Following color trends is a slippery slope. I have blogged about it in the past. Adopting that which is often a combination of colors instantly records a place in time when everything from bath towels and shower curtains, bed dressings to draperies appears in the marketplace and inserts its predetermined obsolescent combinations into the lives of so many who would rather catch the wave – often behind the crest – to own and participate in what is conveyed by the market to be the “in” thing to do and to have.

It is best not to embrace and adopt the combinations that the market presents. It is better to select color and combinations that transcend the trends – skirt them so as not to fall into the trap of dated color schemes and tired combinations. Some avoid the trap by staying neutral. The safe, timeless colors of whites and grays mushrooms and taupes- but where is the risk and fun in that?

“Too bad for them” I often remark. It is such a missed opportunity…a limitation to select colors that you think you are supposed to like rather than those that truly bring you joy. I say “go for joy every time.” Color is such personality. It is a stage-setting element. It is a backdrop or foreground. It is a theme. It is an atmosphere.

With all that having been said, I for one am thrilled with this fresh selection for the new year. A bright beginning full of hope and new growth, fresh starts and positive forward movement – organic and life-affirming. So seek the colors that brings you joy and go forth with color in this new 2017 soon to arrive. My personal schemes will always have greenery!!!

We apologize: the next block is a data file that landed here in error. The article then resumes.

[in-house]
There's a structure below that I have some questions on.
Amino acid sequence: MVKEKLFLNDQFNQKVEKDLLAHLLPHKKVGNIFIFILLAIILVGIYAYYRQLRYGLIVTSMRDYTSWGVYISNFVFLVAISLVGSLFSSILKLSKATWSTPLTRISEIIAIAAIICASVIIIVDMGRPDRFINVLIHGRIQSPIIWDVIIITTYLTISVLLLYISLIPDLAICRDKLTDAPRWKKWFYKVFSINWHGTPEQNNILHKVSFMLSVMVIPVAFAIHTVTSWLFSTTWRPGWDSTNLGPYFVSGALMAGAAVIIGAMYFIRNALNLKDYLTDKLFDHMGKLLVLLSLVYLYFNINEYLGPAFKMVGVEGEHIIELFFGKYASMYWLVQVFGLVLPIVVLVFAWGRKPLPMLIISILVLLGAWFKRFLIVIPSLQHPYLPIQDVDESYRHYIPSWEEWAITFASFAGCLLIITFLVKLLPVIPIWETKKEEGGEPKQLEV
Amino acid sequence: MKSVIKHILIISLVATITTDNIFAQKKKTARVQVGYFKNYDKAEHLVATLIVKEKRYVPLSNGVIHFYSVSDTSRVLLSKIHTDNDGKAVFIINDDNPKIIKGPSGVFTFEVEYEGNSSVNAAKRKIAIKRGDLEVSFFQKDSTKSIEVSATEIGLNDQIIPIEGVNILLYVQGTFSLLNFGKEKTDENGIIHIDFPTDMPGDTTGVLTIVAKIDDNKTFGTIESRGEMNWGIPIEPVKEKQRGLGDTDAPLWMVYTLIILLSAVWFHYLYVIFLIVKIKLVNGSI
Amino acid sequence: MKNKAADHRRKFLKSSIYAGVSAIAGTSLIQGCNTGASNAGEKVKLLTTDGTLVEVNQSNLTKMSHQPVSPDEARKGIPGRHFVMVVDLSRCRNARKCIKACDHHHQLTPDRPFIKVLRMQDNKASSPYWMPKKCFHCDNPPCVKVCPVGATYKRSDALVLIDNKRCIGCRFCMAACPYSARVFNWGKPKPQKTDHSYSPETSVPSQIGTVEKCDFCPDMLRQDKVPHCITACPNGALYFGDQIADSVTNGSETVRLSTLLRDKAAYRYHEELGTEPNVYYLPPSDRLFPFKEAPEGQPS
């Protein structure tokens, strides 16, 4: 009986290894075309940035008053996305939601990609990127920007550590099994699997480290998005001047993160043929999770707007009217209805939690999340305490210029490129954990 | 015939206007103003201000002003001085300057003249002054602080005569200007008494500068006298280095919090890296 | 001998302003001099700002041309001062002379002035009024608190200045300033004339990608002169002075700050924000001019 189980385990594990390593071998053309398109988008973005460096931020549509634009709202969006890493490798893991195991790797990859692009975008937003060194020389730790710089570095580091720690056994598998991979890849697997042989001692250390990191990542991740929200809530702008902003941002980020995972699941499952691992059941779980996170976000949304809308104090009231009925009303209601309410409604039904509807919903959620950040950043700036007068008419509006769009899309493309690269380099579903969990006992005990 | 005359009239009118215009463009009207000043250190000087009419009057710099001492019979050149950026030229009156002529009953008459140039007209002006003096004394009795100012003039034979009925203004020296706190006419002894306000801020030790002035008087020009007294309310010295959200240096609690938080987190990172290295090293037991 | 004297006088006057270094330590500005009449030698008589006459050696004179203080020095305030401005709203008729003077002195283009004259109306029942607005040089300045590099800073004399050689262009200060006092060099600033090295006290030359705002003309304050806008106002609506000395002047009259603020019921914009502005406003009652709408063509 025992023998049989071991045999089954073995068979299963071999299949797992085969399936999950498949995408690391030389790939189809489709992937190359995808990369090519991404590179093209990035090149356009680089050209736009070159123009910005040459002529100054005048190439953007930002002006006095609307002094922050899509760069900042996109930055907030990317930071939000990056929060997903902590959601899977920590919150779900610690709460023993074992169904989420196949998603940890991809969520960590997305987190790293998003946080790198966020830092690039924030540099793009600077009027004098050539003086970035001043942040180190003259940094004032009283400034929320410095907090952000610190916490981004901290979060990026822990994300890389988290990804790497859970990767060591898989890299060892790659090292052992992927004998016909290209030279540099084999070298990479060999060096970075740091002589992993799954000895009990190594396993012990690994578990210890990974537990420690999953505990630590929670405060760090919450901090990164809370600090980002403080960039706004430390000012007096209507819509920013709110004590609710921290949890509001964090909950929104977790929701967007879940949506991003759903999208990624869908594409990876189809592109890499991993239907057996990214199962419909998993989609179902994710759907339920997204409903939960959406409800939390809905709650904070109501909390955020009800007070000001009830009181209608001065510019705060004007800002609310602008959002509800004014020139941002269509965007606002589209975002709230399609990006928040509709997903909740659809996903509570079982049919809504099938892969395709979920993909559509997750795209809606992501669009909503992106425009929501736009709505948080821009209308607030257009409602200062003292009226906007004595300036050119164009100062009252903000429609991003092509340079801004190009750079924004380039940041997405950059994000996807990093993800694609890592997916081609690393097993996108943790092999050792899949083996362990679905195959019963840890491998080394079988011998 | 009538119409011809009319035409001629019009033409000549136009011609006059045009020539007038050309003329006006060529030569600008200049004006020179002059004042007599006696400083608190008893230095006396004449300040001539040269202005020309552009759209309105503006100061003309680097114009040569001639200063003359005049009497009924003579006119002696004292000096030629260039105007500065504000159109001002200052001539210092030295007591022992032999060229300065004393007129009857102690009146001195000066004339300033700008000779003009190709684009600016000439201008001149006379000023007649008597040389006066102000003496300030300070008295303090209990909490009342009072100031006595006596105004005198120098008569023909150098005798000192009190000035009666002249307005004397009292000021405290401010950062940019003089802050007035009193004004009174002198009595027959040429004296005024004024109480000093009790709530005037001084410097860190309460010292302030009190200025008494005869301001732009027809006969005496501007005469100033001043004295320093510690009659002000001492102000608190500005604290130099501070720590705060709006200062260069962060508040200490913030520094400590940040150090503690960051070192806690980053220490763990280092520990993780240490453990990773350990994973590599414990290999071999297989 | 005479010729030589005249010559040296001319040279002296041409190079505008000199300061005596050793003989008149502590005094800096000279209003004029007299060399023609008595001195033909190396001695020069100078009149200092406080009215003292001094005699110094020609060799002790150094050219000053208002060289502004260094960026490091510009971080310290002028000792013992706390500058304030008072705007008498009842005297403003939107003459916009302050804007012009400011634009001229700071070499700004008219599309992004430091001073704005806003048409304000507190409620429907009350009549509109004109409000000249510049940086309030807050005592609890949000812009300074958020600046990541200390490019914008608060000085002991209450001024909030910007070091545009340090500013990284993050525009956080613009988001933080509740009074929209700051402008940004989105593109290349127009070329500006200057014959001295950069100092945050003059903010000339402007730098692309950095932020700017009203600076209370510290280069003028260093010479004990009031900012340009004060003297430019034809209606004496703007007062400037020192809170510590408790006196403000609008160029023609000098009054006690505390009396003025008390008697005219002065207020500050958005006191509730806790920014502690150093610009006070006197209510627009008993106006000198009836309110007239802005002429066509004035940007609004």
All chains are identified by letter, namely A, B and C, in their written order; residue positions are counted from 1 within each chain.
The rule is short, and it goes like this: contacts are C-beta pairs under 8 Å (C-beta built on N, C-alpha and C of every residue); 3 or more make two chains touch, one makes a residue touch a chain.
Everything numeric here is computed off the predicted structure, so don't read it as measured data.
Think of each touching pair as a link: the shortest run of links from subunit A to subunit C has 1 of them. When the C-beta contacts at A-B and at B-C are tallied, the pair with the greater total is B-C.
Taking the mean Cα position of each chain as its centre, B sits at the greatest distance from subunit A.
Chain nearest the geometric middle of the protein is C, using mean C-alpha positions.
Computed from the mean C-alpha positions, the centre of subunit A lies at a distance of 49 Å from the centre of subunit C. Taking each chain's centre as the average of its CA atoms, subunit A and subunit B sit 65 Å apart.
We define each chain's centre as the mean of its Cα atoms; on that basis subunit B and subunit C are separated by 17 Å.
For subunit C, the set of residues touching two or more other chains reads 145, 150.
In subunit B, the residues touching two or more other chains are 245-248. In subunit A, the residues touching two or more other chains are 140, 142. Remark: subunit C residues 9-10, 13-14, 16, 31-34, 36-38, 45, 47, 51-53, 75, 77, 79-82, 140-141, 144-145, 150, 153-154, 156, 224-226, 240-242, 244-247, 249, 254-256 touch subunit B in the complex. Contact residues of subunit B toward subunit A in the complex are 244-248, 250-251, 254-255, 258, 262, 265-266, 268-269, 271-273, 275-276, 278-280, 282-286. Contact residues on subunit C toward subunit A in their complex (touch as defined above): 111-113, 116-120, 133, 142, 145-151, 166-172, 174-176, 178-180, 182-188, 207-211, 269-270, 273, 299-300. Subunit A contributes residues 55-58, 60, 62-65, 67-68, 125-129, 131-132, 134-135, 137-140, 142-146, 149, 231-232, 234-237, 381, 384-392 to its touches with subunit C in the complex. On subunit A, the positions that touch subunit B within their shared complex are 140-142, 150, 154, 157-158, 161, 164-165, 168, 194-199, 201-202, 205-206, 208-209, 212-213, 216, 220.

Fun with PERF!

December 3, 2016

Currently finishing a project that has provided a great theme for incorporating metal, it seemed a worthy blog subject for it’s fun and flexibility! Perf is the product – a perforated steel that comes in several percentages of perforation.

We have used this many times for rolling window shades in a flexible coated nylon material. It is great for filtering for sunlight and privacy while allowing a certain amount of “see-through.” It has been used as an architectural screening material for years. You have probably seen it and not realized it on building storefronts and bus wraps – the perforated vinyl coatings are often used for advertisement because they read as though a solid from the one side and are transparent from within.

Here we are playing around with the steel to create cool elements that compliment the theme of this new taproom. The theme is silver and what material does bring to mind? Metallic. So by dressing raw steel with paint – we apply the silver finish and there we have it!

The required outside patio fencing was constructed with very generic square stock. I called it a hamster cage. It was a bland beige when we first arrived and, without notice, the shopping center management had it and the other structural columns lining the canopy/portico painted chocolate brown.

The plan had been to screen it with perforated panels. The darker paint color created a little better contrast and aided in providing a depth of detail to set-off the silver painted perf.

Inside we needed to fill the volume of this most uninteresting dropped ceiling. Already painted black and looking quite voluminous – but not in a good way – the empty space needed some mass. So in one of those restless, middle-of-the-night design sessions of insomnia the idea to create large drums for lighting shades came to mind.

Drums have been in vogue for several years now. Nothing original from the initial use for table lamp shades except their use was broadened to include suspended fixtures and halved for wall sconces. You’ve seen them – hip and happening – and these were quite over-sized and carried the space.